- Music. a valved wind instrument of the trumpet family.
- a small cone of paper twisted at the end and used for holding candy, nuts, etc.
- a pastry cone, usually filled with whipped cream.
- British. a conical wafer, as for ice cream; cone.
- a large, white, winged headdress formerly worn by the members of the Sisters of Charity.
- a woman's headdress, often cone-shaped, usually of delicate fabrics and having lappets of lace or other material, worn by women from the 14th to the 18th century.
- a pennant or flag used for signaling in a navy.
- (formerly) the officer who carried the colors in a troop of cavalry: the cornet of horse.
Origin of cornet
Examples from the Web for cornet
Historical Examples of cornet
The cornet and bass-viol had put in an appearance, but the pianist had been lost in the shuffle.The Underdog
F. Hopkinson Smith
It is stated that the Oneida Indians have organized a cornet band.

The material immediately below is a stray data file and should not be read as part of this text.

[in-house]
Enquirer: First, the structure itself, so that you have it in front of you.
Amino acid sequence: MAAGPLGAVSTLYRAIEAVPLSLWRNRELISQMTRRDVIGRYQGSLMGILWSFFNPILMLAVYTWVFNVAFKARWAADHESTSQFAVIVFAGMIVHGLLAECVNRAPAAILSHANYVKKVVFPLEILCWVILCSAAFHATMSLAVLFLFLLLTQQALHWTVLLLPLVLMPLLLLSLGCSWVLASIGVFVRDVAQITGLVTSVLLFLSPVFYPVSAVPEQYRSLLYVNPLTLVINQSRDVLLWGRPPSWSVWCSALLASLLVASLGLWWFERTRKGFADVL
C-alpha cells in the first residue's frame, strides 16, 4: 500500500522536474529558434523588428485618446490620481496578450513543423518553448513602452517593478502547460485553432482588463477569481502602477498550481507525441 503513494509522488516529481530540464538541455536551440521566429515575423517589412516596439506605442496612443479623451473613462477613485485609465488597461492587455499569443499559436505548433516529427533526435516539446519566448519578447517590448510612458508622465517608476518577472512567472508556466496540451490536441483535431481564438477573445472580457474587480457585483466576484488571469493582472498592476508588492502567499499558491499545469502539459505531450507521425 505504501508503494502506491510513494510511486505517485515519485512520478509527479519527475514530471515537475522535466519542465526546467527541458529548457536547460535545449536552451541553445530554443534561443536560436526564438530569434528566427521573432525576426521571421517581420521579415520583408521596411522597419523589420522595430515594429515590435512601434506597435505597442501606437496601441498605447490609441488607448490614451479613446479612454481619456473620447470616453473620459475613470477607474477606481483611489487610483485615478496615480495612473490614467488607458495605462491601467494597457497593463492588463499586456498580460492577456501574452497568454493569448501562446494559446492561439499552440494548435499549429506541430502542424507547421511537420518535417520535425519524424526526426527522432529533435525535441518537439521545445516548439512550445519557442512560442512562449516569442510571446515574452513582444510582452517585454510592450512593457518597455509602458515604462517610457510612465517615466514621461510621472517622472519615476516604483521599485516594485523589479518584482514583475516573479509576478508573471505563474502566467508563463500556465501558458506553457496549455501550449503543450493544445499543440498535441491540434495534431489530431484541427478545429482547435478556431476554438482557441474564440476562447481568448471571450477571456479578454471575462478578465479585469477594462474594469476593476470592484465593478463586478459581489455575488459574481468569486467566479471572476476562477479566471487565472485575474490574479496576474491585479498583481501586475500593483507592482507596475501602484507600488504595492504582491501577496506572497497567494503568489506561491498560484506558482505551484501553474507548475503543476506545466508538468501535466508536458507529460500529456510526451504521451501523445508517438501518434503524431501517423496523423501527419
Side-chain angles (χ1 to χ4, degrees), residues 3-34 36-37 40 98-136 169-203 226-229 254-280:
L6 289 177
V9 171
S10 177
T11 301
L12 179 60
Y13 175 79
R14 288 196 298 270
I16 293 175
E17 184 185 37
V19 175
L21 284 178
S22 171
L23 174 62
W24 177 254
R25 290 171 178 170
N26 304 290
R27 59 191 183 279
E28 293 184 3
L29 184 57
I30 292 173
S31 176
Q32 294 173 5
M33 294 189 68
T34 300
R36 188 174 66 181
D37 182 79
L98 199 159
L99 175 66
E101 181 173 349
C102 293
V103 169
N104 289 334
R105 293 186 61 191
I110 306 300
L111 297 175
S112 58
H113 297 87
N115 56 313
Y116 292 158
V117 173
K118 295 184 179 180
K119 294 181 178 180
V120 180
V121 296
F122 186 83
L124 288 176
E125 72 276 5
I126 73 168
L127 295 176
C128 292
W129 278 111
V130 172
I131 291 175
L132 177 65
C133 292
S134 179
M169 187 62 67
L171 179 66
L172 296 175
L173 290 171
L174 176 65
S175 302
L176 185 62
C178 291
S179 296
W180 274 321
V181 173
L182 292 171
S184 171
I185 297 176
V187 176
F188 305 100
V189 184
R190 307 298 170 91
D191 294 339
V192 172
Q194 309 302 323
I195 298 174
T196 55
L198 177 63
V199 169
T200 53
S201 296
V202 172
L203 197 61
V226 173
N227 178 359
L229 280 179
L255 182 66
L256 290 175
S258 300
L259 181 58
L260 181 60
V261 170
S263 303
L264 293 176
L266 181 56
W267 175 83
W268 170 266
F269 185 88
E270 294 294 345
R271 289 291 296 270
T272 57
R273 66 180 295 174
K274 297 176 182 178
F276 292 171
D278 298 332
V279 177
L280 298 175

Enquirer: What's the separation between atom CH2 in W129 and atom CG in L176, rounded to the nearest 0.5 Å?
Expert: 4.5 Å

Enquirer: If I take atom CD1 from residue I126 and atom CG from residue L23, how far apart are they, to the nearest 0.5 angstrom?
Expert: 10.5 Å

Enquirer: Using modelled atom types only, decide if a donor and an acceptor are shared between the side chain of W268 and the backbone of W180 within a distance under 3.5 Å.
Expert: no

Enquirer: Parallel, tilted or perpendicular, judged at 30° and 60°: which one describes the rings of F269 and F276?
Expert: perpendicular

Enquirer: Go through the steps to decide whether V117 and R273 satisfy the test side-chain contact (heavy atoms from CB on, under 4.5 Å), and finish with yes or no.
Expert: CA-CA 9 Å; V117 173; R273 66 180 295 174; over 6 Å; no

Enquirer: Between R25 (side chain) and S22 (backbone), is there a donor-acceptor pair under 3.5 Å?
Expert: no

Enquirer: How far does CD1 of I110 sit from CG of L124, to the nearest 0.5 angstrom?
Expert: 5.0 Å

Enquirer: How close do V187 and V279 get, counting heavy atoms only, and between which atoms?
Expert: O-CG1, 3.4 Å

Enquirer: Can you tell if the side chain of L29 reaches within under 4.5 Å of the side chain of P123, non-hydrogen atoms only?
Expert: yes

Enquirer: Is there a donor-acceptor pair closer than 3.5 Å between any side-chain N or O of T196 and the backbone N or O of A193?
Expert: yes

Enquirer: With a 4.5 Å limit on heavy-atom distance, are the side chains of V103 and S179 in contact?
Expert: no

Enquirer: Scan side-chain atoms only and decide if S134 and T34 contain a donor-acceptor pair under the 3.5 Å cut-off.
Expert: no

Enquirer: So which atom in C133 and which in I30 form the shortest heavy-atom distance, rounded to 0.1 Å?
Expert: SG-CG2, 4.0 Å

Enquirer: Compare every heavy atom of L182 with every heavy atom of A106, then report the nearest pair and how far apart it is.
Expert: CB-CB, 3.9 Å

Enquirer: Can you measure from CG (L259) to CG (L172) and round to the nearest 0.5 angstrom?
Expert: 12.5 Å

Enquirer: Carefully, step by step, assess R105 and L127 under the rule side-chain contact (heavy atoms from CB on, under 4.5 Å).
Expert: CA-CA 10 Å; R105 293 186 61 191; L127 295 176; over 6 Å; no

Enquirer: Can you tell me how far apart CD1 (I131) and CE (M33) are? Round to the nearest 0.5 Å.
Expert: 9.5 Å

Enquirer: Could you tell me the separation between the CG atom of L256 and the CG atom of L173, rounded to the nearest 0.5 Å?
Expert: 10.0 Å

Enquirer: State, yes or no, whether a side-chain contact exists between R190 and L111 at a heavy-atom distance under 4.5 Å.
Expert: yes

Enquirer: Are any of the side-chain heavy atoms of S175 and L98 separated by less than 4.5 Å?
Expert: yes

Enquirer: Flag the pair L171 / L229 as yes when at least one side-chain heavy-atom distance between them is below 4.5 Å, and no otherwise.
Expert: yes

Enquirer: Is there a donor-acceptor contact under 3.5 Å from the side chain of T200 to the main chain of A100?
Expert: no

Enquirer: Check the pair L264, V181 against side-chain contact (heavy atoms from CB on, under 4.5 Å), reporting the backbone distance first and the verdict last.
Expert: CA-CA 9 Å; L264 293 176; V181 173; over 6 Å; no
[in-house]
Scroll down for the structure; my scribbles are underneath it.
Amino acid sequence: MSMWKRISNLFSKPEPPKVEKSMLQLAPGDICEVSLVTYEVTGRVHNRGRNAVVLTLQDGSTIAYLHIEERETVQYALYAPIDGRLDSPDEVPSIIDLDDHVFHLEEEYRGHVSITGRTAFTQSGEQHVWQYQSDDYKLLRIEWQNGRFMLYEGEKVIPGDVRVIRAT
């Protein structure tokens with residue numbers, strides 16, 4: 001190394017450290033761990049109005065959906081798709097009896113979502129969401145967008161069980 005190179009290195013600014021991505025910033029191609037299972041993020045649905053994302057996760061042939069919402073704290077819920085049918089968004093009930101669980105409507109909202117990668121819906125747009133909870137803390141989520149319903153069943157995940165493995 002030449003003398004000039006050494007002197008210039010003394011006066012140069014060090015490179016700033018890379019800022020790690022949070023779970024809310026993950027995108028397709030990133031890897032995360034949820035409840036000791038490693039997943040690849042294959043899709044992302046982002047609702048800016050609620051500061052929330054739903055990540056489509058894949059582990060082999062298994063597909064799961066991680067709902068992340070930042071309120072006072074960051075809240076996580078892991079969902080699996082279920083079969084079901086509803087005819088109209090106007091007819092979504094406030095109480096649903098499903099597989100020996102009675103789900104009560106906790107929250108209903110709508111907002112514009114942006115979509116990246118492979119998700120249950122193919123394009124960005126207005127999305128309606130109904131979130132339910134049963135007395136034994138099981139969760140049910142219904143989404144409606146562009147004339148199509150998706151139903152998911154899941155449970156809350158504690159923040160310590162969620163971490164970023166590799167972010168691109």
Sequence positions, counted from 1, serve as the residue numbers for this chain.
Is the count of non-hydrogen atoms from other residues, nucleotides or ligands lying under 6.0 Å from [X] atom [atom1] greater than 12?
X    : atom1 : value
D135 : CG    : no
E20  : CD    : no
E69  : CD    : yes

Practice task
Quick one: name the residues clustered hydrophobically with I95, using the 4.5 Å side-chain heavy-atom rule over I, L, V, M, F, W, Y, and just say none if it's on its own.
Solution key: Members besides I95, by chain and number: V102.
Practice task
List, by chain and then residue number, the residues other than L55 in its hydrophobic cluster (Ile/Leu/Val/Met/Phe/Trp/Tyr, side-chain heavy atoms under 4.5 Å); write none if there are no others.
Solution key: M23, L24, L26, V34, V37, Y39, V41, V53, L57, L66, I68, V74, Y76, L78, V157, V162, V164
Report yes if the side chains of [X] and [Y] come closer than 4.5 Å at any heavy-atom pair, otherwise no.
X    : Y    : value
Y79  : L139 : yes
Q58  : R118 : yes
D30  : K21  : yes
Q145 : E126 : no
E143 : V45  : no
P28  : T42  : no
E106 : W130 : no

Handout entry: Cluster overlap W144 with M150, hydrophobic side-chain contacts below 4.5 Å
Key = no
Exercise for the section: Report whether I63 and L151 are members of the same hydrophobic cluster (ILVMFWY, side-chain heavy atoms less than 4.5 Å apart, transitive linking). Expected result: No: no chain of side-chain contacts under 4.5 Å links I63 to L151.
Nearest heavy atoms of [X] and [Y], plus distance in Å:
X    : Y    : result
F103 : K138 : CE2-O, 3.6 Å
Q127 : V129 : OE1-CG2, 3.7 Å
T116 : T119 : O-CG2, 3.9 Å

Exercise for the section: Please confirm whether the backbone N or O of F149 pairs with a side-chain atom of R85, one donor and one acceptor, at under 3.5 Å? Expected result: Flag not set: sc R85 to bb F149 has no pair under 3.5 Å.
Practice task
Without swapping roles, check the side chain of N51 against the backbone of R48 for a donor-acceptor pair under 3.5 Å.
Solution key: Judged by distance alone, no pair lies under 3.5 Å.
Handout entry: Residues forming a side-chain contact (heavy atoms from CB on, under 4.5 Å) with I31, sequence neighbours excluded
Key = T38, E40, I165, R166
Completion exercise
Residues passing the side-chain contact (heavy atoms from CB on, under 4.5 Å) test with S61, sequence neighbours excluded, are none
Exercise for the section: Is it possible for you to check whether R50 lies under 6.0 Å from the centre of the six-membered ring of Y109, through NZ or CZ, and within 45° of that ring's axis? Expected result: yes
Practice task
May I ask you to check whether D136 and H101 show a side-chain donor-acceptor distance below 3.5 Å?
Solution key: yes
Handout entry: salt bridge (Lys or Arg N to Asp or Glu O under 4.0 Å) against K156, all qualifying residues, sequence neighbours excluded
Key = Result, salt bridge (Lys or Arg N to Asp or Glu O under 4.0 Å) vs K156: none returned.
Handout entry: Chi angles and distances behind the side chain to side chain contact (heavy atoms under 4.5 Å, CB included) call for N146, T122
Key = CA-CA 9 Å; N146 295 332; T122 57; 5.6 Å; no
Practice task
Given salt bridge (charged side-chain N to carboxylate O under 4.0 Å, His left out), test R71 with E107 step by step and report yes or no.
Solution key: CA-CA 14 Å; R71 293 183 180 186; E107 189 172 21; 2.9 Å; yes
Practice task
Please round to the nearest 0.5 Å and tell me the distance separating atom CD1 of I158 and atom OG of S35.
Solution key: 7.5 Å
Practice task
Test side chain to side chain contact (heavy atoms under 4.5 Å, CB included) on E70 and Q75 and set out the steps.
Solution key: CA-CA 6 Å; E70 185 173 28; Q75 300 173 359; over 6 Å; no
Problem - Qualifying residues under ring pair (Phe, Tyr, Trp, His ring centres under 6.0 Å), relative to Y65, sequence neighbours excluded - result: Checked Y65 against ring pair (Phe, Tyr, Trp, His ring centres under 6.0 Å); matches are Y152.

The cornet hesitated for a little, and then told his uncle the name of his accomplice.Henry Dunbar
M. E. Braddon
Then at the sharp order of the cornet, the little troop started for Bridgewater.Captain Blood
Saul Lapham, a friend of his, plays the cornet at the choir-rehearsals.
- Also called: cornet à pistons (ˈkɔːnɪt ə ˈpɪstənz, French kɔrnɛ a pistɔ̃) a three-valved brass instrument of the trumpet family. Written range: about two and a half octaves upwards from E below middle C. It is a transposing instrument in B flat or A
- a person who plays the cornet
- a variant spelling of cornett
- a cone-shaped paper container for sweets, etc
- British a cone-shaped wafer container for ice cream
- (formerly) the lowest rank of commissioned cavalry officer in the British army
- Southern African short for field cornet
- a starched and wired muslin or lace cap worn by women from the 12th to the 15th centuries
- the large white headdress of some nuns
Word Origin for cornet
c.1400, "A wind instrument made of wood and provided with six finger holes" [Middle English Dictionary], from Old French cornet (14c.) "a small horn," diminutive of corn "a horn," from Latin cornu "horn" (see horn (n.)). Modern use is short for cornet-à-pistons "cornet with pistons."
The quality of the tone is penetrating and unsympathetic, by no means equal to that of the trumpet, for which it is commonly substituted. ["cornet" entry in "Century Dictionary and Cyclopedia," 1902]